I thought I read on here about a way to take something like the KP vegetation and end up with an editable .ocd type object, maybe dxf or similar. But my searches thus far have been fruitless, or my memory was wrong in the first place!
Any hints or tips? Thanks in advance, not much else to do right now except make maps!
Joakim Svensk has a little program to create shapefiles from KP vegetation. There's a link on this page (Swedish page):https://stefansolsida.wordpress.com/2017/08/06/gor...
I have used QGIS. The basic steps are to open the vegetation.png file. Then:
(1) raster > conversion > polygonize.;
(2) In the processing tool box use "vector geometry simplify";
(3) The last step is to use the processing tool box to smooth the simplified vector (vector geometry smooth").
Step (1) is enough to get a file you should be able to open in OCAD. Steps 2 and 3 are only needed to simplify and smooth the shapes to make them less blocky. You can probably do similar smoothing in OCAD.
The vegetation PNG has an associated "world file" for georeferencing, and the newest OOMapper has a vector tracing option. It should be possible to turn the vegetation template into vector symbols within OOMapper.
My own set of tools do just this, i.e. the last stage of my batch file that processes lidar will first do a point cloud to vegetation raster step, one for each tile of typically 256x256 or 128x128m, then it converts each of those tiles to a DXF file before optionally combining all the tiles into a single DXF covering the entire map.
In order to work best, my program require you to calibrate the vegetation recognizer, typically by surveying a few percent of the target area in order to come up with a set (10-30) of reference patches of vegetation, at least one for each type of vegetation that should be mapped as a particular shade of green, green stripes, white or yellow.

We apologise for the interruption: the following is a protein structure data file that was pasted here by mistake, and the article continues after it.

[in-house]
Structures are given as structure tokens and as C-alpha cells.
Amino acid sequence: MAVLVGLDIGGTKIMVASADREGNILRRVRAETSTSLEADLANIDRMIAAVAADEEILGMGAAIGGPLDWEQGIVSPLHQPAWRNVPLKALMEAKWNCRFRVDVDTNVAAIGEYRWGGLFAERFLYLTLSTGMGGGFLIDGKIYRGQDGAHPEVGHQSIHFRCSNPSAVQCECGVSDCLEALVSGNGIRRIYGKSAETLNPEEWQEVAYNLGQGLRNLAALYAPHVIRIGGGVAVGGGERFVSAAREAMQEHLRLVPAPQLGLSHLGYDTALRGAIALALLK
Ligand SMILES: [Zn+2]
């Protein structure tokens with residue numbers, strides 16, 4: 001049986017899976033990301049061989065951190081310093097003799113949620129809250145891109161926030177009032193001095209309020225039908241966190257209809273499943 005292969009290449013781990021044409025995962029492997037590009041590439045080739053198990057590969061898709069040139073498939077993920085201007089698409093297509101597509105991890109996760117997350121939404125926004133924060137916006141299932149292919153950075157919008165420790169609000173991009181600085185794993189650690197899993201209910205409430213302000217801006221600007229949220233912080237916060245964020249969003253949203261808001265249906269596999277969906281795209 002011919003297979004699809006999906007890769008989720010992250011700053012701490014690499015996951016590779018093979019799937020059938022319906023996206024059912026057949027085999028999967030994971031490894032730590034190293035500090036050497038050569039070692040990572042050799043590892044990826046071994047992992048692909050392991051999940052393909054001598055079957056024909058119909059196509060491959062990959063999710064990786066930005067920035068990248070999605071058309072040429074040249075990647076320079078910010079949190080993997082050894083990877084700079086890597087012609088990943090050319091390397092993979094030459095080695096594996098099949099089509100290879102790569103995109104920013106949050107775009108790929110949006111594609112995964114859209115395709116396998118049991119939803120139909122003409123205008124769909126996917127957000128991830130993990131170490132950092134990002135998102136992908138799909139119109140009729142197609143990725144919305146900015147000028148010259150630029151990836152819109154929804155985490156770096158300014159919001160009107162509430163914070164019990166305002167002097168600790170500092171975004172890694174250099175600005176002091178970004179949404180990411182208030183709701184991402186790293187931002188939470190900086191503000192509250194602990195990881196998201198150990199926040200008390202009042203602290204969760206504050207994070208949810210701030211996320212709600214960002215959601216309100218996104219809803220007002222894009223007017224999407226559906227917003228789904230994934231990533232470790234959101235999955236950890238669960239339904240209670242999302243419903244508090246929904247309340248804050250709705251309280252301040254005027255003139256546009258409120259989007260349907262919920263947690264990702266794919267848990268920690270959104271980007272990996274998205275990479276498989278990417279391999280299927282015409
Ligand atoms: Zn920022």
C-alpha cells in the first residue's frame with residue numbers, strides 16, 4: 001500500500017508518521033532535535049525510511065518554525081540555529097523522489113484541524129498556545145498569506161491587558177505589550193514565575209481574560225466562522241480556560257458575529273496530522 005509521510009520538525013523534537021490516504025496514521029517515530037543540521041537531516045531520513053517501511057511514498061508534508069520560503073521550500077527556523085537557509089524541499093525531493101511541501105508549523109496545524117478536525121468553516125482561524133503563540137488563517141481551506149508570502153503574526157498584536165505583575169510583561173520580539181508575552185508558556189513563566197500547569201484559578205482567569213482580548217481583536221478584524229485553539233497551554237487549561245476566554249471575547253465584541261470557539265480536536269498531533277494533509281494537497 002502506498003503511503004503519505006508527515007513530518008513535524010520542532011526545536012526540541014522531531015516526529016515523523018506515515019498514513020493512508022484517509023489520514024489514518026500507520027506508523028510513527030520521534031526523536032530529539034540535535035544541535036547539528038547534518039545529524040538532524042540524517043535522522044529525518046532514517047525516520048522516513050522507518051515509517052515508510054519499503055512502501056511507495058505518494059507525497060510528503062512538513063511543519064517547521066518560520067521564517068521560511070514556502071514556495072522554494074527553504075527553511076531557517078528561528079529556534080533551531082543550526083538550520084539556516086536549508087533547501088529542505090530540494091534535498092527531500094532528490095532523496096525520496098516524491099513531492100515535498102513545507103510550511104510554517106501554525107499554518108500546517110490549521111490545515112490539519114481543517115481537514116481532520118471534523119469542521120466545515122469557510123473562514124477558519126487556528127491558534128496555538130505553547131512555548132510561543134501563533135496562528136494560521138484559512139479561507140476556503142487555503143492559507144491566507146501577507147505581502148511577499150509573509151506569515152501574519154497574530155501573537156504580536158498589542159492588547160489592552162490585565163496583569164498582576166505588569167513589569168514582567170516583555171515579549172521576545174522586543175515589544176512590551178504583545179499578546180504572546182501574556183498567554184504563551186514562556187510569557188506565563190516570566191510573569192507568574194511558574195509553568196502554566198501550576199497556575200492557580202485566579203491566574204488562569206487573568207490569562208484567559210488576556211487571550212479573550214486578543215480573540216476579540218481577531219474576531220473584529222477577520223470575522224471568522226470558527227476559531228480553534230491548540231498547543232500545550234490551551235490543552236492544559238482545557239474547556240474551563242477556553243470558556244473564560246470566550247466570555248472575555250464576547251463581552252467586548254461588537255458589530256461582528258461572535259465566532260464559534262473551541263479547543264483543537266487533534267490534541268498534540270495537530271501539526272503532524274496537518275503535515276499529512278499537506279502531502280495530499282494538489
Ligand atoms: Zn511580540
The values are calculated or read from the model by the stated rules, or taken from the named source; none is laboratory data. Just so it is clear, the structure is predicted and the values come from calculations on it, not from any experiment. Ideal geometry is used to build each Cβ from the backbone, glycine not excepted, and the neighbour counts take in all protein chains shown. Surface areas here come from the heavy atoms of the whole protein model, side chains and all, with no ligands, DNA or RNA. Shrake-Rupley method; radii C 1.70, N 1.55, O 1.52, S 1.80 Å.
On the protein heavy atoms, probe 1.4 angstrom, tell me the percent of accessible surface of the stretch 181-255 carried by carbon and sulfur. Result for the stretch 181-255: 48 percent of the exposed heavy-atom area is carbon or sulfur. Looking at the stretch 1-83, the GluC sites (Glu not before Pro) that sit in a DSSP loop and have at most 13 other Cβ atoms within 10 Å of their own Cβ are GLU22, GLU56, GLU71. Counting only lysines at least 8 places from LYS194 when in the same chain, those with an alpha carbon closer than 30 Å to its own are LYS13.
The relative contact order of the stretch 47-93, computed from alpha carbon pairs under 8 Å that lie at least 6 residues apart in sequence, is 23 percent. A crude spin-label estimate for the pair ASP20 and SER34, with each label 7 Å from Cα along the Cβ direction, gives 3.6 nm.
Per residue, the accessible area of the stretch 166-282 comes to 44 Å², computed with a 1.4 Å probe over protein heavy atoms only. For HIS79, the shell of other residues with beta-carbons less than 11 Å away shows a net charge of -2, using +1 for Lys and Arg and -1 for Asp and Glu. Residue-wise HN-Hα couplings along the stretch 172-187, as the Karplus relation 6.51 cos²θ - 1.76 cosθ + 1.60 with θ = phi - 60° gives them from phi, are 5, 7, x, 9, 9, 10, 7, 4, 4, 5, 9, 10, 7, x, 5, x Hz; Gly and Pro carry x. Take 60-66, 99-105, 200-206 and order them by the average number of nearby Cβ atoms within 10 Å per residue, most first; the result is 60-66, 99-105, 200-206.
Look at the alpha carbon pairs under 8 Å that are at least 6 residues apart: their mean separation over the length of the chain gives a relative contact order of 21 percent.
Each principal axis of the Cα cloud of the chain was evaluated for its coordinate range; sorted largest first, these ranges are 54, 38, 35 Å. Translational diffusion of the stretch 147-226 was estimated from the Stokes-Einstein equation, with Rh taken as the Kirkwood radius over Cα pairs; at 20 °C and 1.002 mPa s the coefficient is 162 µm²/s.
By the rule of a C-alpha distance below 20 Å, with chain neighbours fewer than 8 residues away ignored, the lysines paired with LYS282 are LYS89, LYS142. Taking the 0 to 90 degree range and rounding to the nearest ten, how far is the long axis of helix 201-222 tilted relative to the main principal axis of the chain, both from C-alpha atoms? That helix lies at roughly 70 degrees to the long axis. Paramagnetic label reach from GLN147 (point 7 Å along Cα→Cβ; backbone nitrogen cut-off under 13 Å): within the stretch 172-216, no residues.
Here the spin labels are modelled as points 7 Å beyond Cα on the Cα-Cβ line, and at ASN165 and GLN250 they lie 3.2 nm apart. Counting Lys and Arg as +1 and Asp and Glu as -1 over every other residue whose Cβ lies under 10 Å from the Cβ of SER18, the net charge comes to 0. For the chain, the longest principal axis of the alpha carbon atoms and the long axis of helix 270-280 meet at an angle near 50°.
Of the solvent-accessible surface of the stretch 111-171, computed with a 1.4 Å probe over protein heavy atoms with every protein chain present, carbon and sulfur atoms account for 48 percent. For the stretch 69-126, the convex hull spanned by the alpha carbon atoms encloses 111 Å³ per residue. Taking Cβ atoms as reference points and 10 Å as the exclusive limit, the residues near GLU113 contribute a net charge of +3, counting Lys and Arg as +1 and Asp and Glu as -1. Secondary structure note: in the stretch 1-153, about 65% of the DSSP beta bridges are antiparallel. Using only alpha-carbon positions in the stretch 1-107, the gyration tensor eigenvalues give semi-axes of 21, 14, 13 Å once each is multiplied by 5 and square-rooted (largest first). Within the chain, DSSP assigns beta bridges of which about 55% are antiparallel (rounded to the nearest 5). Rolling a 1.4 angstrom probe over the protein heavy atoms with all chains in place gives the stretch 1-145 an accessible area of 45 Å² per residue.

I too have the ultimate goal of trying to auto generate veg that is generalized and vectorized for import into OCAD for easy initial base map creation. Have been stumbling around on this part for weeks. It's fairly disappointing that OCAD does not have this type of function natively built in and forces you to do tedious field work / drawing veg by hand or accept their pixelized raster veg.
Joakim's polygonize program errors out on my file, even though the example works. I get a MemoryError, polygonize returned -1. I have 16 colors apparently versus the example having only 7. I'm hoping to hear back from him, as this one if it works seems to be the easiest to work with.
I tried Qgis as well, and was somewhat successful. I was able to convert raster to vector, then simplifying and smoothing, but then everything just turned red and it seemingly lost all my colors. I was able to export to .dxf and import then into OCAD. The smoothly and generalizing objects were sublime, so if I could figure out how to retain original colors that would also be easy to work with. But as it stands, editing each object and changing colors is also way to tedious for my liking.
Trying to run Terje's lidar-adaptive batch on a win10 machine on my .laz file, but it keeps erroring out on the .pl scripts. Getting the file does not have an app associated with it. I added .pl to the win environment variables - pathext section, but that did not help. Hoping Terje or someone can advise what I'm doing wrong.
In the Qgis case, can you select all of the objects (Select By Symbol), and just change the color of all of them in one step?
@MIclimber: I have just updated my mapping page, so that the lidar-adaptive script has all the latest programs.https://tmsw.no/mapping/lidar_adaptive.7z
Please remember that you _have_ to first install a compatible Perl version, i.e. I recommend ActiveState Perl for Windows, 64-bit version (if you have a 64-bit Windows).
Thank you first of all.